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Decentralized decision-making is any process where the decision-making authority is distributed throughout a larger group. It also connotes a higher authority given to lower level functionaries, executives, and workers. This can be in any organization of any size, from a governmental authority to a corporation. However, the context in which the term is used is generally that of larger organizations. This distribution of power, in effect, has far-reaching implications for the fields of management, organizational behavior, and government.
The decisions arising from a process of decentralized decision-making are the functional result of group intelligence and crowd wisdom. Decentralized decision-making also contributes to the core knowledge of group intelligence and crowd wisdom, often in a subconscious way a la Carl Jung's collective unconscious.
Decision theory is a method of deductive reasoning based on formal probability and deductive reasoning models. It is also studied in a specialized field of mathematics wherein models are used to help make decisions in all human activities including the sciences and engineering. (See also Game theory, Uncertainty, Expectation maximization principle.)
Decentralization and centralization have been consistent themes throughout history pertaining to governmental authority and political theory. From the rise and fall of the Roman Empire, there have been periods of centralization and decentralization in societies worldwide. Almost any political movement, from the rise of city states in Roman times, to the later rise and downfall of feudal empires during the middle ages, to the rise of fascism in Germany prior to World War II, to the late 20th century formation of the European Economic Union, the history of Europe has been one of cycles of centralization and decentralization.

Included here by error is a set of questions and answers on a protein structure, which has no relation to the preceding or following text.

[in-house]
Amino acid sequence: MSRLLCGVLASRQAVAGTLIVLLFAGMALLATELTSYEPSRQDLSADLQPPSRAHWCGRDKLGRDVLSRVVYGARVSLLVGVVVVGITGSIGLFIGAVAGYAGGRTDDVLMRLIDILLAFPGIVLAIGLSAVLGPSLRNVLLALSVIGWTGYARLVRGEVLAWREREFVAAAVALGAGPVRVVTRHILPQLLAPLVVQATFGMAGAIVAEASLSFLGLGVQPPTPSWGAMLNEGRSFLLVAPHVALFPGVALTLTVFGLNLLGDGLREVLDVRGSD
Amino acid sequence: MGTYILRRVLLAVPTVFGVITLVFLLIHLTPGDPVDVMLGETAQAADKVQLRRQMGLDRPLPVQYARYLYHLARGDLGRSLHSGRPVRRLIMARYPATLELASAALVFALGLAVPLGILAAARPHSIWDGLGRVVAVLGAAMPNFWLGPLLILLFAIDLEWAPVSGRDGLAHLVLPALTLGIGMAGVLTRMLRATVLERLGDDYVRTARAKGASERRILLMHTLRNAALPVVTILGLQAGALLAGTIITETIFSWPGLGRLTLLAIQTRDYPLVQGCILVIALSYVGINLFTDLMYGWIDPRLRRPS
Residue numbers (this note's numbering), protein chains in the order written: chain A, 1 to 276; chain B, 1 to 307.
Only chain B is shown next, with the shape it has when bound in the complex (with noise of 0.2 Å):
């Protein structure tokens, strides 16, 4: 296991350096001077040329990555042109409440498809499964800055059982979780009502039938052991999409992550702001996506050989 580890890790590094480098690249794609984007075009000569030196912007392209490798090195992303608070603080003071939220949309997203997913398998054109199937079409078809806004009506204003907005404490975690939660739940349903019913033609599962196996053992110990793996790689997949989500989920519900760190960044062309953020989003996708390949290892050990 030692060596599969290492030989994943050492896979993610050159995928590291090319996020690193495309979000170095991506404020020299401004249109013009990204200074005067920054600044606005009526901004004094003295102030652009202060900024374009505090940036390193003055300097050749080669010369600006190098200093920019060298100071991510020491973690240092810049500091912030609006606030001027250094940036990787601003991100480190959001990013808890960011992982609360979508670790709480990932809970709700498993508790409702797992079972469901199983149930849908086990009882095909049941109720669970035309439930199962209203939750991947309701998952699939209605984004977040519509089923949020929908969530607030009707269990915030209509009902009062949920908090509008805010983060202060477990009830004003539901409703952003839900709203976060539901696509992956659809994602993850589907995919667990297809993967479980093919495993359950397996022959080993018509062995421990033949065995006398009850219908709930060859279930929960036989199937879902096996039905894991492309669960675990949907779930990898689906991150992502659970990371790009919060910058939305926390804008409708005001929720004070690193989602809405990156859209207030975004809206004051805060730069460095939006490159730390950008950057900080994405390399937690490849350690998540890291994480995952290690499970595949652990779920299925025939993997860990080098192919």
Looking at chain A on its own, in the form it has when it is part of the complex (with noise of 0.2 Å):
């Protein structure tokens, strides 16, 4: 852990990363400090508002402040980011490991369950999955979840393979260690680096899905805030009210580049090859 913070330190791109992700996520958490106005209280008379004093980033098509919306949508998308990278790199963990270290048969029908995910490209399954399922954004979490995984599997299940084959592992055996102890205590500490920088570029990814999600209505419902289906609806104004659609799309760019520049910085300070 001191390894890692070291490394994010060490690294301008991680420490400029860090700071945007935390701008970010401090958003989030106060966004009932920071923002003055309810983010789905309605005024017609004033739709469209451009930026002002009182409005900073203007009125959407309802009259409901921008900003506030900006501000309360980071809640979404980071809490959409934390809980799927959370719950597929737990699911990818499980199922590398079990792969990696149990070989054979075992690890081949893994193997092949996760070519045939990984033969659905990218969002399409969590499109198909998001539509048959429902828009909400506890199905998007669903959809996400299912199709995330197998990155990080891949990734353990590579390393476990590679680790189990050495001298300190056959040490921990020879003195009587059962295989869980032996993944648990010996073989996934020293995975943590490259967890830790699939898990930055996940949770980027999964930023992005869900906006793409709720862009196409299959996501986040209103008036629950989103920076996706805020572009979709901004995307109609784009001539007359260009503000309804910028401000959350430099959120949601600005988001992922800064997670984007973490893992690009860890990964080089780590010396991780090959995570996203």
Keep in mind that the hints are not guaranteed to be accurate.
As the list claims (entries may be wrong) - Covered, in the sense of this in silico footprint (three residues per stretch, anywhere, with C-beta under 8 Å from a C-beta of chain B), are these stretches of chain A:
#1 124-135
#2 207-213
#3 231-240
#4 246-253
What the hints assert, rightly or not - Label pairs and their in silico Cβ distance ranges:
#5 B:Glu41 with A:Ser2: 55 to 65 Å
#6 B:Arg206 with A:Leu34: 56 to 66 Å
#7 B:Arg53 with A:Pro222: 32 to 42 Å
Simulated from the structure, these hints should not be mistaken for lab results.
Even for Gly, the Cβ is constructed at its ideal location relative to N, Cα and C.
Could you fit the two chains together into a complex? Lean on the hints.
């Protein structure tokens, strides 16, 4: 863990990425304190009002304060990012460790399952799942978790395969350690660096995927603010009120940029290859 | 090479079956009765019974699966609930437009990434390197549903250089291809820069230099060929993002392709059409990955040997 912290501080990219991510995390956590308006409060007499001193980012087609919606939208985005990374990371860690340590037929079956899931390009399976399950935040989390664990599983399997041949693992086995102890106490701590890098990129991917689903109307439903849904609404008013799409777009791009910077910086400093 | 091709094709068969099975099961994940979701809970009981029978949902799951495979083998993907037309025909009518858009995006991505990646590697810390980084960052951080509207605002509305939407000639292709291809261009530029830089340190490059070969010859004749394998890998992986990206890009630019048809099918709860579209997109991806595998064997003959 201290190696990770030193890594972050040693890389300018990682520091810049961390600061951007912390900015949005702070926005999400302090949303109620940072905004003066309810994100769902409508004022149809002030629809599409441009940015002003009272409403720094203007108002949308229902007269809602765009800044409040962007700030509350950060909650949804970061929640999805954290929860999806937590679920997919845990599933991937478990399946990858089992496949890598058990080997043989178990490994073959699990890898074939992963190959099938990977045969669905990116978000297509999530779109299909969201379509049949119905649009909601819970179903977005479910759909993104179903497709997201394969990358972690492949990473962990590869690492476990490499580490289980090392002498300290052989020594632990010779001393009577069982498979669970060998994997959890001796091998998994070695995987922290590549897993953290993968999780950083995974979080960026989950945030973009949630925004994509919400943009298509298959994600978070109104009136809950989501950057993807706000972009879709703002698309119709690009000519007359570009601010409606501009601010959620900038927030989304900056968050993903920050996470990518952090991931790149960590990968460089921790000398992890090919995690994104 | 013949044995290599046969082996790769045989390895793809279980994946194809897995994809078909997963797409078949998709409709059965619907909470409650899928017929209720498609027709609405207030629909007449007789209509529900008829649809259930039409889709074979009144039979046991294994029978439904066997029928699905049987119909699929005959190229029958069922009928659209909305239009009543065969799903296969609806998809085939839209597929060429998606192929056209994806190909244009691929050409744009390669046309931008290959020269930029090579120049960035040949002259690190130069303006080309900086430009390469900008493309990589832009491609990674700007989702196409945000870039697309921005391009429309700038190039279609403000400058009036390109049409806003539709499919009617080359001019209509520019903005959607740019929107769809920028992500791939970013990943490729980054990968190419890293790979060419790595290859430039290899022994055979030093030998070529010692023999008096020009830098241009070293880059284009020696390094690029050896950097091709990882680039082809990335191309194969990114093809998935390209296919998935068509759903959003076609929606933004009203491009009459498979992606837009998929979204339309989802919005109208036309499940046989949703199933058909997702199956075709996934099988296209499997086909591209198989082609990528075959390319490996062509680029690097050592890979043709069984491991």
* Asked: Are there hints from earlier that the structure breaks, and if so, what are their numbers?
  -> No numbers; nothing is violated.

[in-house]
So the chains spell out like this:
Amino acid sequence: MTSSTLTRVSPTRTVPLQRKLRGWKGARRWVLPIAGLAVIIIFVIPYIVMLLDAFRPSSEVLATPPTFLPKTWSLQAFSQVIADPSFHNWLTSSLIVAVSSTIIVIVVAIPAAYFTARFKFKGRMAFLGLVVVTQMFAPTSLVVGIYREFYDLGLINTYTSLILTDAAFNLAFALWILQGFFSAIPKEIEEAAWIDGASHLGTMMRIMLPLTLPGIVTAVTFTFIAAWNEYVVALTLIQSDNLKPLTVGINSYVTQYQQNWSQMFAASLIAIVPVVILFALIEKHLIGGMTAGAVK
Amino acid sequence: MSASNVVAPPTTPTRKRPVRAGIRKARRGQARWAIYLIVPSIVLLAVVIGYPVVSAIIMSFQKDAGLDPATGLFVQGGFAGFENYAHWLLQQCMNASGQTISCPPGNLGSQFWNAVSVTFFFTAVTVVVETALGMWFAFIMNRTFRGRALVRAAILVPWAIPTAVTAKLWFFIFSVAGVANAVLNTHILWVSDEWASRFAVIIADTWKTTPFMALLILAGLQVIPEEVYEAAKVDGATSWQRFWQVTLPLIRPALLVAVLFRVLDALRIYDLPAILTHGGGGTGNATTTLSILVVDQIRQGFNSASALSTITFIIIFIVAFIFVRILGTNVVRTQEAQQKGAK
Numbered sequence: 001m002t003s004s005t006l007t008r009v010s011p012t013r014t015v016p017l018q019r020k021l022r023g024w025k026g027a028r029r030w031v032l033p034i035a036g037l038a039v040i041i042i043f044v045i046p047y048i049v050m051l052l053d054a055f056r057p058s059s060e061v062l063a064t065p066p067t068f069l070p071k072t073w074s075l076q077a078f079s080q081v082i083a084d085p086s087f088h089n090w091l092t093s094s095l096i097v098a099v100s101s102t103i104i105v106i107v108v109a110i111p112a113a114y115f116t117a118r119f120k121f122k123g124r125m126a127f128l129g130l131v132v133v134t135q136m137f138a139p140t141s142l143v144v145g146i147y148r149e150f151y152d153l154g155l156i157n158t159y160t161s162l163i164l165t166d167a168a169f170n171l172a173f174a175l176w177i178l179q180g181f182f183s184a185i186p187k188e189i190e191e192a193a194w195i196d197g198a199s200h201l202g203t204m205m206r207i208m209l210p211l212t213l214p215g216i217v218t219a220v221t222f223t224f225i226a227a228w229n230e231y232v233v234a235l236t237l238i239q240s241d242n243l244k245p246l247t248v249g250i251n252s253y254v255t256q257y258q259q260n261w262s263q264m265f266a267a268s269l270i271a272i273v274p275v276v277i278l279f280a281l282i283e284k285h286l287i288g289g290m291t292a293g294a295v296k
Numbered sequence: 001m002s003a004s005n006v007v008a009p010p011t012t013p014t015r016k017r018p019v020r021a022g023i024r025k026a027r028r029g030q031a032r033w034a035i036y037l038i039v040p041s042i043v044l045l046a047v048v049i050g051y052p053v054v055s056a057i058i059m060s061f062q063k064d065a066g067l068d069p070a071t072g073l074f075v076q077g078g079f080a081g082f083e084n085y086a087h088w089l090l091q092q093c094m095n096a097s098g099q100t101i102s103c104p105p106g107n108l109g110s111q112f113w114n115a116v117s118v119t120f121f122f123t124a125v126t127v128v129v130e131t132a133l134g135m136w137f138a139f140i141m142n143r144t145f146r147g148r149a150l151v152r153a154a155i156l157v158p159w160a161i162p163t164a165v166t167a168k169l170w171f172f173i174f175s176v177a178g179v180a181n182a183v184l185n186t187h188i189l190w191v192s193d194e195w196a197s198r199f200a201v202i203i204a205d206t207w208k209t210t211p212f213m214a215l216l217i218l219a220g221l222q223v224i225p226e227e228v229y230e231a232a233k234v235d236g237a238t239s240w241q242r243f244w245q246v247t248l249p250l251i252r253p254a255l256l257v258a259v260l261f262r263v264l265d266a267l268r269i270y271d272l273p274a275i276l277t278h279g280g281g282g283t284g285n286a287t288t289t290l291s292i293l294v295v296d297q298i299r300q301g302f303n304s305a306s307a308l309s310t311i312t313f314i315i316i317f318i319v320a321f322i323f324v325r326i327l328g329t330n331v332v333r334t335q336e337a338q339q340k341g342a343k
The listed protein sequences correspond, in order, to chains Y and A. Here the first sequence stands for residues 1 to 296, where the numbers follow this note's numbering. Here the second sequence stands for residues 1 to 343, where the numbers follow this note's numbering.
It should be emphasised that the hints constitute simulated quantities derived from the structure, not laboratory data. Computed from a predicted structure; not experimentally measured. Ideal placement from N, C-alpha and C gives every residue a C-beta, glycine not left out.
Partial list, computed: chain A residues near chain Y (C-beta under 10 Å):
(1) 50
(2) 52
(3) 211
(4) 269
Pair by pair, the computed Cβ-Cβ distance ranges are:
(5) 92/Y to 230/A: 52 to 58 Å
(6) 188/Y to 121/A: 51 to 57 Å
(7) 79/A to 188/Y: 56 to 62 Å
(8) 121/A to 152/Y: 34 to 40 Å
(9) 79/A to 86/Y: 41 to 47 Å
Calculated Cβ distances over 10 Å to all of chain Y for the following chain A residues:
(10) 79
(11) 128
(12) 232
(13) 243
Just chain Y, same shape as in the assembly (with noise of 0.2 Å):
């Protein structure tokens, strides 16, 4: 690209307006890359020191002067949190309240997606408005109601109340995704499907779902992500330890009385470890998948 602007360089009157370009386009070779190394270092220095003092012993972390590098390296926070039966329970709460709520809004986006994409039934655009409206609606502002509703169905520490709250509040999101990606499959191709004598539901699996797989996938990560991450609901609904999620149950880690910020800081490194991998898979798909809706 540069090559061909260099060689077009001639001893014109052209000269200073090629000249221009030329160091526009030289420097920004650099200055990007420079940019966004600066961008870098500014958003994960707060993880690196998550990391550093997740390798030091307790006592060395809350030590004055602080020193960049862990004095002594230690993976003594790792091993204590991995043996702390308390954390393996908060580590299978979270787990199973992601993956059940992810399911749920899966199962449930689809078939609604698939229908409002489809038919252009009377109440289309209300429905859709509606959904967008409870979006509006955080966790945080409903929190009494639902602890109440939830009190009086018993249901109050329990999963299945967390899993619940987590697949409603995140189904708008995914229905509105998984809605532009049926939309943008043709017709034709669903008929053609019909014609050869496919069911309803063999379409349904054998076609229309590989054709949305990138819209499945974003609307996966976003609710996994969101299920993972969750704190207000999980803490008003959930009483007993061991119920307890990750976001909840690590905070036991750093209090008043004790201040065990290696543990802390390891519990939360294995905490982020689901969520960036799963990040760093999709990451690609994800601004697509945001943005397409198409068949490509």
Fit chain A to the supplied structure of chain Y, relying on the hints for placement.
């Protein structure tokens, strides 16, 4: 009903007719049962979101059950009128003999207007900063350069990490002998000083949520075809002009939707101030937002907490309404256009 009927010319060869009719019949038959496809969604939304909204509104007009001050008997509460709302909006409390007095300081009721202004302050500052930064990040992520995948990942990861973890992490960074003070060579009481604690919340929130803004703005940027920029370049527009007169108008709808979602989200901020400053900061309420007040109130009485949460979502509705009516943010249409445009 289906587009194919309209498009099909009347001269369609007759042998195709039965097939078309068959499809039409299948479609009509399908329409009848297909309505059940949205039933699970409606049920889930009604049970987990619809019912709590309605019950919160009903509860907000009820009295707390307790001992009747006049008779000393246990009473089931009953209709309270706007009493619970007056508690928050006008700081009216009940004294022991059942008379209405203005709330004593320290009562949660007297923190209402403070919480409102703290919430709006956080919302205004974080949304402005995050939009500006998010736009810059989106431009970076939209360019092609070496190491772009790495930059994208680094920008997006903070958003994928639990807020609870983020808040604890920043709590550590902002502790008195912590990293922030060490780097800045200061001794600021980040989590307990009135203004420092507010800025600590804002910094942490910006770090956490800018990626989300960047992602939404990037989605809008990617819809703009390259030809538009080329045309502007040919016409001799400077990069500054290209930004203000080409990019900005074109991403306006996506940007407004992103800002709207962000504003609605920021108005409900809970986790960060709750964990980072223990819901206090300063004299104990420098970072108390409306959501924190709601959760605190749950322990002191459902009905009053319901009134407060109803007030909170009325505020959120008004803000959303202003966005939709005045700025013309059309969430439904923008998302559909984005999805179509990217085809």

- encourages motivation and creativity
- allows many minds to work simultaneously on the same problem
- accommodates flexibility and individualization
Decentralized decision-making, Malone says, tends to create less rigidity and flatter hierarchies in organizations. When upper management delegates decision-making responsibilities, there also exist wider spans of control among managers, creating a more lateral flow of information. Thus there will be more bottom up directional information flow, allowing for more innovation and efficiency closer to the means of production. This increased flow information thereby allows for innovation in what is called Total Quality Management.
- Early adopter
- Opinion leadership
- Social networks
- Collective intelligence
- Crowd wisdom
- Predictive markets
- Information cascade
- Herd instinct
- Group intelligence
- Crowd psychology
- Delphi method
References and further reading
- Drucker, Peter F., Post-Capitalist Society. (1993) HarperBusiness, New York.
- Gerstner Jr., Louis V., Who Says Elephants Can't Dance? Inside IBM's Historic Turnaround. (2002) HarperBusiness, New York.
- Gladwell, Malcolm, The Tipping Point: How Little Things Can Make a Big Difference. (2002) Little, Brown & Co., Boston.
- Kahneman, Daniel, & Tversky, Amos, Choices, Values, and Frames (2000) Cambridge University Press, Cambridge, United Kingdom.
- Malone, Thomas W.,"Is 'Empowerment' Just a Fad? Control, Decision-Making, and Information Technology," Sloan Management Review 23: 38, no. 2 (1997).
- Malone, Thomas W., The Future of Work: How the New Order of Business Will Shape Your Organization, Your Management Style, and Your Life. (2004) Harvard Business School Press, Cambridge, Massachusetts.
- Trotter, Wilfred, Instincts of the Herd in Peace and War. (1915) Macmillan, New York.
- Surowiecki, James, The Wisdom of Crowds: Why the Many Are Smarter Than the Few and How Collective Wisdom Shapes Business, Economies, Societies and Nations. (2004) Little, Brown, Boston.
- Sunstein, Cass, Infotopia: How Many Minds Produce Knowledge. (2006) Oxford University Press, Oxford, United Kingdom.